Summer heat waves, high electricity costs cause energy cooperatives to issue peak energy alerts
- Jun 24, 2022 2:29 am GMT
Jun. 23—An increase in demand for electricity along with a decline in power generation could lead to an increase in power outages, especially as summer temperatures bring spikes in demand.
2022 Summer Reliability Assessment
in May that "identifies, assesses, and reports on areas of concern regarding the reliability of North American BPS for the upcoming summer season."
Around 42 million people rely on MISO for electricity.
NERC's assessment found that MISO will likely face an electricity capacity shortfall in its north and central areas, "resulting in high risk of energy emergencies during peak summer conditions."
Part of what is causing the potential energy emergencies is a 1.7% increase in demand since last summer combined with a 2.3% decrease in electricity generation capacity. The north and central regions are particularly vulnerable because of low wind conditions, extreme temperatures and higher generation outages.
States at high risk for being affected by the fall in MISO electricity capacity are
Four energy cooperatives in
"When we do have a peak energy alert, it's truly trying to reduce demand to reduce the cost of energy," Stevens said. "What that NERC report is calling a max gen event, which means maximum generation, meaning even with all their resources online, the system can't produce or generate enough electricity to keep up with the demand."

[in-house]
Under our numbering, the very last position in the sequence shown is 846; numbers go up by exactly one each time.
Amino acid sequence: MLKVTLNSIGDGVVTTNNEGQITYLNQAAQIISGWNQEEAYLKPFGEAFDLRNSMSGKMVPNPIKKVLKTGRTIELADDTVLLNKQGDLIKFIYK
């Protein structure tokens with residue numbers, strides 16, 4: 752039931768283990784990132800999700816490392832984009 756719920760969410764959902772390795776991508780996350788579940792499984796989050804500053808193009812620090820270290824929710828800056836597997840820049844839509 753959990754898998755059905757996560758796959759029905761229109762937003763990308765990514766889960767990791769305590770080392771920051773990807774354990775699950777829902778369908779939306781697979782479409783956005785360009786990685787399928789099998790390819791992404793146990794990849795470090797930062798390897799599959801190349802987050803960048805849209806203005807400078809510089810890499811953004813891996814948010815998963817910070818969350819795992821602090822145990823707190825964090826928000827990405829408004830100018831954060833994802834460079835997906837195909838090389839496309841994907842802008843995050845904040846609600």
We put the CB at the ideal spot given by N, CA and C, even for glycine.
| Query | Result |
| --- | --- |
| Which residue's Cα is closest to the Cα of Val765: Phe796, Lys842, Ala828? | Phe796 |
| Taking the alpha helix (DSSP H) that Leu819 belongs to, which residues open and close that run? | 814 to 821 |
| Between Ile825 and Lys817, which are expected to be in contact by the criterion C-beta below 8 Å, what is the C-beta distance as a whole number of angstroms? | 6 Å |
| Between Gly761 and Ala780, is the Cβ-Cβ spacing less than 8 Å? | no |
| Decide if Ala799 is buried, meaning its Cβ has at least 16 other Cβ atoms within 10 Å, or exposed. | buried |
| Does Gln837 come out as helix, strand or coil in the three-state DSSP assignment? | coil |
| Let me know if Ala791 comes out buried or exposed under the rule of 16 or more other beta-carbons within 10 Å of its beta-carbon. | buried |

With seasonal temperatures about 40-50% higher than normal in southern
"Temperature plays a huge role," Stevens said. "When we see our spikes in energy consumption and demand is when it's really really hot out or when it's really really cold out."
Energy alerts are more commonly issued during the extreme weather seasons because people are spending more time at home, and therefore are more likely to be running more appliances or running their air conditioners, Whitcomb said.
Following the recommendations in an energy alert can play a big role in keeping electricity rates down, according to Whitcomb.
Easy methods people can use to become more energy efficient is keeping their thermostats around 78 degrees, not running major appliances like laundry machines during the time period of the alert, turning off lights and charging electric vehicles at night as opposed to during the day, Stevens said.
"Those are things that people can do at the moment when something's happening to help reduce," Stevens said.
"People need to understand that there is a limit to the amount of electricity out there and to just make sure that we're all doing our part to help keep the load low," Stevens said. "It's just important that everyone takes it seriously and does what they can to help reduce load during those times of high demand."
(c)2022 the Post-Bulletin
Visit the Post-Bulletin at www.postbulletin.com
Distributed by Tribune Content Agency, LLC.
No discussions yet. Start a discussion below.
Get Published - Build a Following
The Energy Central Power Industry Network is based on one core idea - power industry professionals helping each other and advancing the industry by sharing and learning from each other.
If you have an experience or insight to share or have learned something from a conference or seminar, your peers and colleagues on Energy Central want to hear about it. It's also easy to share a link to an article you've liked or an industry resource that you think would be helpful.